One breath at a time
Ariane Guay is an energetic and athletic 10-year old who loves swimming, diving and rollerblading – the complete opposite of her 8-year old sister, Alexandra, who loves makeup, dancing and putting on shows that emulate her favourite Youtube videos. Ariane is also different from her sister in that she has Cystic Fibrosis (CF), an inherited condition that causes the body to produce mucus that's extremely thick and sticky, mostly affecting her lungs and pancreas. But while managing her condition is part of her daily life, it doesn’t stop her from living life to the fullest.
Uncovering the diagnosis
Annie Laroche, Ariane’s mother, says her daughter exhibited a number of symptoms that didn’t ever seem to go away as a toddler. “She would have a lot of respiratory symptoms as well as digestive problems, and at the time we thought it may be a lactose intolerance and asthma,” she explains. “She would vomit often, but then a lot of new symptoms would surface. We saw our pediatrician, who referred us to a lung specialist and recommended that we been seen at the Children’s by Dr. Anne-Marie Canakis, a pediatric respirologist.”
It was the end of May 2008. Annie remembers taking Ariane to see Dr. Canakis, who recommended a sweat test be performed to measure the level of chloride (a chemical in salt) in a sample of her daughter’s sweat. If the levels were high, a diagnosis of Cystic Fibrosis was possible. “The test was at 10:00 a.m. and I had just gotten home from the hospital,” says Annie. “I got a call telling us to come back, that they needed to perform more tests and speak to us. And that’s when we found out she had CF.”
Learning to manage a new illness
While Annie says the news was very difficult to take at first, what followed was a week-long intensive course from the Cystic Fibrosis team on how the disease worked and how to manage it. “To help families manage their child’s condition, they meet with their doctor and a nurse, a physiotherapist and a nutritionist to teach them about treatments and techniques that they will be using daily,” explains Debbie Fertuck, one of two nurse clinicians in Respiratory Medicine at the Children’s. Annie says that first week was not only reassuring to her as a parent, but made her feel like this was something she and her family could manage with the hospital staff together.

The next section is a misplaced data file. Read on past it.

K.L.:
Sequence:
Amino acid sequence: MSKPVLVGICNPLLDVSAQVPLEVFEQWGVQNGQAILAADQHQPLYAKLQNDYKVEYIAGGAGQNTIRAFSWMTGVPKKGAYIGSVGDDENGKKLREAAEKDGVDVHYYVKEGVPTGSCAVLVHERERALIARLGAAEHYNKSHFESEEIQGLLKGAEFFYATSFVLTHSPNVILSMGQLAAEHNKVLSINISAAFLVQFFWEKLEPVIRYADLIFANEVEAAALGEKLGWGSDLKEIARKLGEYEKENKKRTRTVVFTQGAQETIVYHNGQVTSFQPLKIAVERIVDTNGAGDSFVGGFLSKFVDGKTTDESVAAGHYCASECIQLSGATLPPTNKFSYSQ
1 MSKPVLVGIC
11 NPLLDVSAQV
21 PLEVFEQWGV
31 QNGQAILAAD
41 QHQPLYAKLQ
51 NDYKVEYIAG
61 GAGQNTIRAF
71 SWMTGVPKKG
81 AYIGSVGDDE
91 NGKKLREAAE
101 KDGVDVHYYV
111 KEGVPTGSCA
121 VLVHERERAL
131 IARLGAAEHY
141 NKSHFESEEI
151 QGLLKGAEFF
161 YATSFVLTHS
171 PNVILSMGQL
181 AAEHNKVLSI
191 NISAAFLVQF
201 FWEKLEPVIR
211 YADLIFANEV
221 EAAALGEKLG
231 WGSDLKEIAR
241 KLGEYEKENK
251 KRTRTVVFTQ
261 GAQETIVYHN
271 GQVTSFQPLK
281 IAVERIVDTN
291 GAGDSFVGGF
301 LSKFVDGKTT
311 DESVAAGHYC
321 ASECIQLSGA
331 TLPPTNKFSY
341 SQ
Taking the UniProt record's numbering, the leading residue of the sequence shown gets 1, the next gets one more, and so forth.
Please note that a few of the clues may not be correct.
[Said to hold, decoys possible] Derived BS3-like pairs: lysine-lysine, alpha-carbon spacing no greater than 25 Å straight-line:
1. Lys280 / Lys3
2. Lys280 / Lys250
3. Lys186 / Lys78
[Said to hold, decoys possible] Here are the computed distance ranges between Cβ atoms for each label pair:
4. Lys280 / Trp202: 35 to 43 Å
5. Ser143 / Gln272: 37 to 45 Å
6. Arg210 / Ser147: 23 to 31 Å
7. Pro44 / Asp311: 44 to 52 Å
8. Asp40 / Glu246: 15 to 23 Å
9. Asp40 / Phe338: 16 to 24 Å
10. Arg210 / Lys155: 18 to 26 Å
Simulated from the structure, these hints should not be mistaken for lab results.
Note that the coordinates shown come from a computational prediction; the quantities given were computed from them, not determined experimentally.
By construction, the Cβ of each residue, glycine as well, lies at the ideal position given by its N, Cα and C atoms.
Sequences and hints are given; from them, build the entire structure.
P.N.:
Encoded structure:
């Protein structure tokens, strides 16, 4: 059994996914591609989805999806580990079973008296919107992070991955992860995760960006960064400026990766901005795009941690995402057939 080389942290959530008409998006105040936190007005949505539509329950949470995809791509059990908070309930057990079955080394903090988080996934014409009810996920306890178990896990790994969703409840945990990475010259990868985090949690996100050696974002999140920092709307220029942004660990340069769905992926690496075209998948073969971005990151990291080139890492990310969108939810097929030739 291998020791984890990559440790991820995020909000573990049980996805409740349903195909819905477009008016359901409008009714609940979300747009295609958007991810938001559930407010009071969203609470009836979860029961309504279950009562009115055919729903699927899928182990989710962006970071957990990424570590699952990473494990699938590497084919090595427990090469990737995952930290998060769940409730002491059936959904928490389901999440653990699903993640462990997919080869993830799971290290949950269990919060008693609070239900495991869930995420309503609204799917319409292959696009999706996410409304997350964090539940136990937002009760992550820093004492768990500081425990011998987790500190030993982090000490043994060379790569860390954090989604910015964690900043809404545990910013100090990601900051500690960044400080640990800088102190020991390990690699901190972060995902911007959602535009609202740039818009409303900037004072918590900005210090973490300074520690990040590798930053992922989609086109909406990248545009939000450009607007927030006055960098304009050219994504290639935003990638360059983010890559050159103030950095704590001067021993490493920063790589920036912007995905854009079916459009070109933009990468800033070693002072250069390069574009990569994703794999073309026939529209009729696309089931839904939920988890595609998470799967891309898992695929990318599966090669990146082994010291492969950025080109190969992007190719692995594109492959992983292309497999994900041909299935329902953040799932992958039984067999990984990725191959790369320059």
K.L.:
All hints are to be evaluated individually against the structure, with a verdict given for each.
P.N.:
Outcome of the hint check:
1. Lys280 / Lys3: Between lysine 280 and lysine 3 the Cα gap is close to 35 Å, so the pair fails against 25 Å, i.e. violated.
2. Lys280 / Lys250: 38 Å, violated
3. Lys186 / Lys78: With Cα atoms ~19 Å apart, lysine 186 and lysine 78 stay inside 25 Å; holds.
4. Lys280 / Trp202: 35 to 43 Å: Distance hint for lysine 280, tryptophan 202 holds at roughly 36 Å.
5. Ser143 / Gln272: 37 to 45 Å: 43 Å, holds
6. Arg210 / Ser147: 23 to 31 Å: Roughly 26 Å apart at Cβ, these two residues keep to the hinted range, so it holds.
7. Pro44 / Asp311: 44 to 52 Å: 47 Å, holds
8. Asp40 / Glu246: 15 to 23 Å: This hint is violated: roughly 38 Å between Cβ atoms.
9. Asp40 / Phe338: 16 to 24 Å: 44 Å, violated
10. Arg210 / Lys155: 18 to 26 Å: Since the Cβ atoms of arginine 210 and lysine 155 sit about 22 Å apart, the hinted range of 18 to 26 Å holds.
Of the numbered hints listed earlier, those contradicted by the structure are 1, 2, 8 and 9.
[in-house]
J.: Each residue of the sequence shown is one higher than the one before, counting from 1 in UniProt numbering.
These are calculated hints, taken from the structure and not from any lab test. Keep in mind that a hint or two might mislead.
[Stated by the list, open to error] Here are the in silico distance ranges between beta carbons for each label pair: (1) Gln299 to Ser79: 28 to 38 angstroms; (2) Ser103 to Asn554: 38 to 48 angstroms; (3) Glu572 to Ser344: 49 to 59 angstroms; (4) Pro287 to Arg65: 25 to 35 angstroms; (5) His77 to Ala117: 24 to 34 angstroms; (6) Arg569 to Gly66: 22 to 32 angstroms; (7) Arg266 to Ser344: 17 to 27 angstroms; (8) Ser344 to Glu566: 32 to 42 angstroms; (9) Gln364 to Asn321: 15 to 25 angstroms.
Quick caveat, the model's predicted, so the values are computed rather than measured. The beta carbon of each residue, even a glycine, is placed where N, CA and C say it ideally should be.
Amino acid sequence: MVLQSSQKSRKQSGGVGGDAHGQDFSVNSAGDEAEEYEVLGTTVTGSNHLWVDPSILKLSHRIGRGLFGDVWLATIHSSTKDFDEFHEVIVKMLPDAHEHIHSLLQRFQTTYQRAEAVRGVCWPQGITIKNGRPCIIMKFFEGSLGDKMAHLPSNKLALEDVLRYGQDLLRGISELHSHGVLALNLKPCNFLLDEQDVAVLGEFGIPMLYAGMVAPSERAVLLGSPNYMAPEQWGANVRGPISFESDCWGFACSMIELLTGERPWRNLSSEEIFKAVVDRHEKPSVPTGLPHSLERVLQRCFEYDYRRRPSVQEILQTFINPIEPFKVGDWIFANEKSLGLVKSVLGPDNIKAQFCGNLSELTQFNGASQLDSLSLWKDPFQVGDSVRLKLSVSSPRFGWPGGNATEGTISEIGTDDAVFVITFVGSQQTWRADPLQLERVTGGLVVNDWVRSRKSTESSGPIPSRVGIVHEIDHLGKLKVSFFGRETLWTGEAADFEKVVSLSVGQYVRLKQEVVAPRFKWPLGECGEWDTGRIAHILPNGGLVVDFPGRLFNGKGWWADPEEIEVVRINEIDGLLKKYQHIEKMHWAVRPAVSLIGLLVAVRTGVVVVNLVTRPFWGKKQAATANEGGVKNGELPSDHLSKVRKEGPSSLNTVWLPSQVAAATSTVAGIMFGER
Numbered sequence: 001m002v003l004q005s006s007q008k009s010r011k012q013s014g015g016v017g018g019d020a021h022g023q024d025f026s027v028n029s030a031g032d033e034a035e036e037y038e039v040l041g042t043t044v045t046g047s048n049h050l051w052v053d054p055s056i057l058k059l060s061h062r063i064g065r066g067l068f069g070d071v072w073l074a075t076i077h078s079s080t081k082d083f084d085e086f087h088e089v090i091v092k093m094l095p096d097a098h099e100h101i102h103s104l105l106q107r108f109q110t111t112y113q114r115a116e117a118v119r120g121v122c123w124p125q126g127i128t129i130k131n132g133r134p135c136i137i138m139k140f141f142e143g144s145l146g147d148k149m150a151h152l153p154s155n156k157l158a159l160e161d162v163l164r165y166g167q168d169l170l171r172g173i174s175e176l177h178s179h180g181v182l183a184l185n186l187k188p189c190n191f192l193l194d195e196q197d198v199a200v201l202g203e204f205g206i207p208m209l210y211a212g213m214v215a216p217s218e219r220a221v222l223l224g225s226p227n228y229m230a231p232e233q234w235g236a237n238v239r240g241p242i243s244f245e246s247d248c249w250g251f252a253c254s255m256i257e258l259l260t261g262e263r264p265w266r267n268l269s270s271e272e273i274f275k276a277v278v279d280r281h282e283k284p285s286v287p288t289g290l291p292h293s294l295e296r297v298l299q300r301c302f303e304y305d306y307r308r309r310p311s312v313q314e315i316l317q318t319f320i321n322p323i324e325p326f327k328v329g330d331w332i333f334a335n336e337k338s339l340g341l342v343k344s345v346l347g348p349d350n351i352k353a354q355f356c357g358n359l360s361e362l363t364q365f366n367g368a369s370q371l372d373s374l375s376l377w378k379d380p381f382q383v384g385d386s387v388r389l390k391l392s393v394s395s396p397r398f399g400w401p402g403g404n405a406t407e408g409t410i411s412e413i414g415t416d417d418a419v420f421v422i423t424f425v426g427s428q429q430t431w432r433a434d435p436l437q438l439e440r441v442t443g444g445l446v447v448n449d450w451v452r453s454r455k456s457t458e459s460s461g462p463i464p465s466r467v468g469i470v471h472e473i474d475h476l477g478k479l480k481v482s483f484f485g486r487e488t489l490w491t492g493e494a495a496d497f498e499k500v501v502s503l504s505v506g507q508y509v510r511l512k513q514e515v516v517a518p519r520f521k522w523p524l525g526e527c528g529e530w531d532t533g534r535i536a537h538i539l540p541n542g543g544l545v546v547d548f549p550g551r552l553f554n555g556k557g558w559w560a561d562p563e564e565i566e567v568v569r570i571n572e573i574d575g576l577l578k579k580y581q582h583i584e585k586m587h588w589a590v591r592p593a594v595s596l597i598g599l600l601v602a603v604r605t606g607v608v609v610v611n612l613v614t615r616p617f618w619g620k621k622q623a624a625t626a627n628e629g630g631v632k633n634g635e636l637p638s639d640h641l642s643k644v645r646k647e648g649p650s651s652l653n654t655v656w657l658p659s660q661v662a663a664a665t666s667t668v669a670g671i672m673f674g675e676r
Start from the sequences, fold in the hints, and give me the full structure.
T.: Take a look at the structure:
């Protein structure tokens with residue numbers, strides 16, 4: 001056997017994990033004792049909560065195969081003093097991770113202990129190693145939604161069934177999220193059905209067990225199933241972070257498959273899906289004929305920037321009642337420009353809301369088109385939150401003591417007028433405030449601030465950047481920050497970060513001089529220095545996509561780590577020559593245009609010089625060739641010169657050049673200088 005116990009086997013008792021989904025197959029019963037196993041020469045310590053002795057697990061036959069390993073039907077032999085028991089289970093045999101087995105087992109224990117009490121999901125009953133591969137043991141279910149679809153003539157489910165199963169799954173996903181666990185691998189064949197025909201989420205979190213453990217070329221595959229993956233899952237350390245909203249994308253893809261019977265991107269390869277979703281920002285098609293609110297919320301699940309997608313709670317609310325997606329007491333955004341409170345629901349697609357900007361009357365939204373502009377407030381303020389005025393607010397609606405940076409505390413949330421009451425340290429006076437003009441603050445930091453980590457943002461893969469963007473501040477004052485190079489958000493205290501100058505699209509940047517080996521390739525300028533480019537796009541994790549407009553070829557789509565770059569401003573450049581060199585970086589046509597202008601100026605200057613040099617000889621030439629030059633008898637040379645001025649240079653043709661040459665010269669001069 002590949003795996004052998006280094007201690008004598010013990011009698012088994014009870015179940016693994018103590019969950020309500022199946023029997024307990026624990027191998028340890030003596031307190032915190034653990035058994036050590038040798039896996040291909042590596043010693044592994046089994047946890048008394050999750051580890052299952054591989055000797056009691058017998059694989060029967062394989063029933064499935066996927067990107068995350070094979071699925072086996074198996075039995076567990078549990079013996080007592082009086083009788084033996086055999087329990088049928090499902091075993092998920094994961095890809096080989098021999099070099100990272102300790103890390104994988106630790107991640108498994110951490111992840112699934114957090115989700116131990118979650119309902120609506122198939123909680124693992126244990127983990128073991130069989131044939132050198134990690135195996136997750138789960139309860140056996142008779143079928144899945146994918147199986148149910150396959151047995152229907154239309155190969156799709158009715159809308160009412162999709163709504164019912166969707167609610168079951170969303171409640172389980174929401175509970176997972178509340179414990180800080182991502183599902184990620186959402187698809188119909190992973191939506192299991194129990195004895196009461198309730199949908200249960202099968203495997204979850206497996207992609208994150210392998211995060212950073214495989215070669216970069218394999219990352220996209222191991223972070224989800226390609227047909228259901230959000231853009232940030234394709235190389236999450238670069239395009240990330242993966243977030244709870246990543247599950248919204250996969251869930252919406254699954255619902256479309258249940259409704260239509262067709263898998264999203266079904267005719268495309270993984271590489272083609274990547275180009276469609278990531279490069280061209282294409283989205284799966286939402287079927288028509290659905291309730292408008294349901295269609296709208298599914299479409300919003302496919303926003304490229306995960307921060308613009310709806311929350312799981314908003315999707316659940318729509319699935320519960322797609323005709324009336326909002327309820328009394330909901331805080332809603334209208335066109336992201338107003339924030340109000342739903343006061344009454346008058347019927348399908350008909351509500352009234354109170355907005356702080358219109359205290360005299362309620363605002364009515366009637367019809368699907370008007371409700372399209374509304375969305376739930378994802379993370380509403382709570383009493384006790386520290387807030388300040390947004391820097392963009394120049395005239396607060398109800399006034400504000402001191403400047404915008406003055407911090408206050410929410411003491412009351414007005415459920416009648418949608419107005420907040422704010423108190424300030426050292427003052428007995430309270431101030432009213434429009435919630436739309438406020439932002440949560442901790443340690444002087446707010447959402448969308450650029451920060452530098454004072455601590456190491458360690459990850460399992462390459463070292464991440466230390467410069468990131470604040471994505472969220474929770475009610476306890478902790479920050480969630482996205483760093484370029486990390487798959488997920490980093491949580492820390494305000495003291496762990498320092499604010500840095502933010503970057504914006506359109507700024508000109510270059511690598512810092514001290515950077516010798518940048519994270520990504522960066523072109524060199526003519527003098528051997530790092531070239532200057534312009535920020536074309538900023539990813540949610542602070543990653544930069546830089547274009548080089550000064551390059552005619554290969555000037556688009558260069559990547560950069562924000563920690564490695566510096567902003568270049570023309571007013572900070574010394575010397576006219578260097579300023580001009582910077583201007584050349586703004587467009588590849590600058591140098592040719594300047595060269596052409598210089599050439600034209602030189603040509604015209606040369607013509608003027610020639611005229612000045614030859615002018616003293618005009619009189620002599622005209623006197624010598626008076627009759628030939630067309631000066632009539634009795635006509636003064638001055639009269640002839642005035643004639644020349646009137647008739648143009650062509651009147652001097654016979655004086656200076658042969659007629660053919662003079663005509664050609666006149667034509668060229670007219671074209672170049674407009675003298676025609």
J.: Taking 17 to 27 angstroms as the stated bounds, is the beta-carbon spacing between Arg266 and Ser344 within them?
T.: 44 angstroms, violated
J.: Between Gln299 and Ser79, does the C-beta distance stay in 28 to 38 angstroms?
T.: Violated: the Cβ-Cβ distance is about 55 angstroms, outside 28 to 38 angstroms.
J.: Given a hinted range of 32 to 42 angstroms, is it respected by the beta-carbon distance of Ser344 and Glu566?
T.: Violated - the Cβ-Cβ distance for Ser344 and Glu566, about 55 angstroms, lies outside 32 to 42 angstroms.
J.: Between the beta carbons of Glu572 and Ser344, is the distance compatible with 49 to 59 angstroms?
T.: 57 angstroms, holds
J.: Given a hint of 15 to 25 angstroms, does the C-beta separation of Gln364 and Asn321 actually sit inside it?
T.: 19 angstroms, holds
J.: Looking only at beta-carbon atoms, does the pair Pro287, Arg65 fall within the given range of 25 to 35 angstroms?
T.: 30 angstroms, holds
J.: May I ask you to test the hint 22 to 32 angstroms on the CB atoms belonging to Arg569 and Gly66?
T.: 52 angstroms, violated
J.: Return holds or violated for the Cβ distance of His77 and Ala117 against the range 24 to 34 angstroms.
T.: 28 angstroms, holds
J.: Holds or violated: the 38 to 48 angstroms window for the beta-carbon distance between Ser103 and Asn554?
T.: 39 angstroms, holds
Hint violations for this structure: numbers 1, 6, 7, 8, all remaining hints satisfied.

“As a team, we try to stress that CF patients can do anything other children can do. They’ll have a normal childhood, just with a few more hospital visits in order to monitor their condition,” says Debbie.
Supporting Ariane together
“Everyone on the team: from Dr. Larry Lands, Dr. Adam Shapiro and Dr. David Zielinski, to Ariane’s nurse, Sophie, to Nancy, her physiotherapist, have become like part of our extended family now,” says Annie. “Sophie has built a trusting relationship with Ariane through really taking the time to connect with her, Nancy calls her ‘Peanut’…they all are just such a wonderful team.”
Despite a couple of hospitalizations over the years, Ariane’s condition has remained very stable. As she’s gotten older, she’s been able to independently manage her condition by taking her own medication and monitoring her food intake, even while at school. “She likes having more input and control over how she will take her medication, and we support her in that,” says Annie. Being naturally athletic, Ariane enjoys keeping active as well, which also helps in managing her CF symptoms. “She looks forward to gym class in school and loves trying new things, she’s our Evel Knievel who loves an adrenaline rush!” says her mom. And while she hasn’t quite decided what she wants to be when she grows up just yet, she looks forward to finishing up grade 6 next year and starting high school at École Louise-Trichet with a group of her friends from the neighborhood. “How can we say thank you enough?” says Annie. “We’re really thankful to have the support of the team at the Children’s.”
Neurosurgery helps young girl return to a normal life
A grateful patient reflects on a remarkable journey to adulthood thanks in part to her experience at the Children’s
Three-week-old boy undergoes open heart surgery to repair congenital heart defect
Toddler learns how to eat by mouth after years of being tube fed
March 26 is Purple Day, dedicated to increasing awareness about epilepsy worldwide
Young boy tackles ultra-rare genetic disorder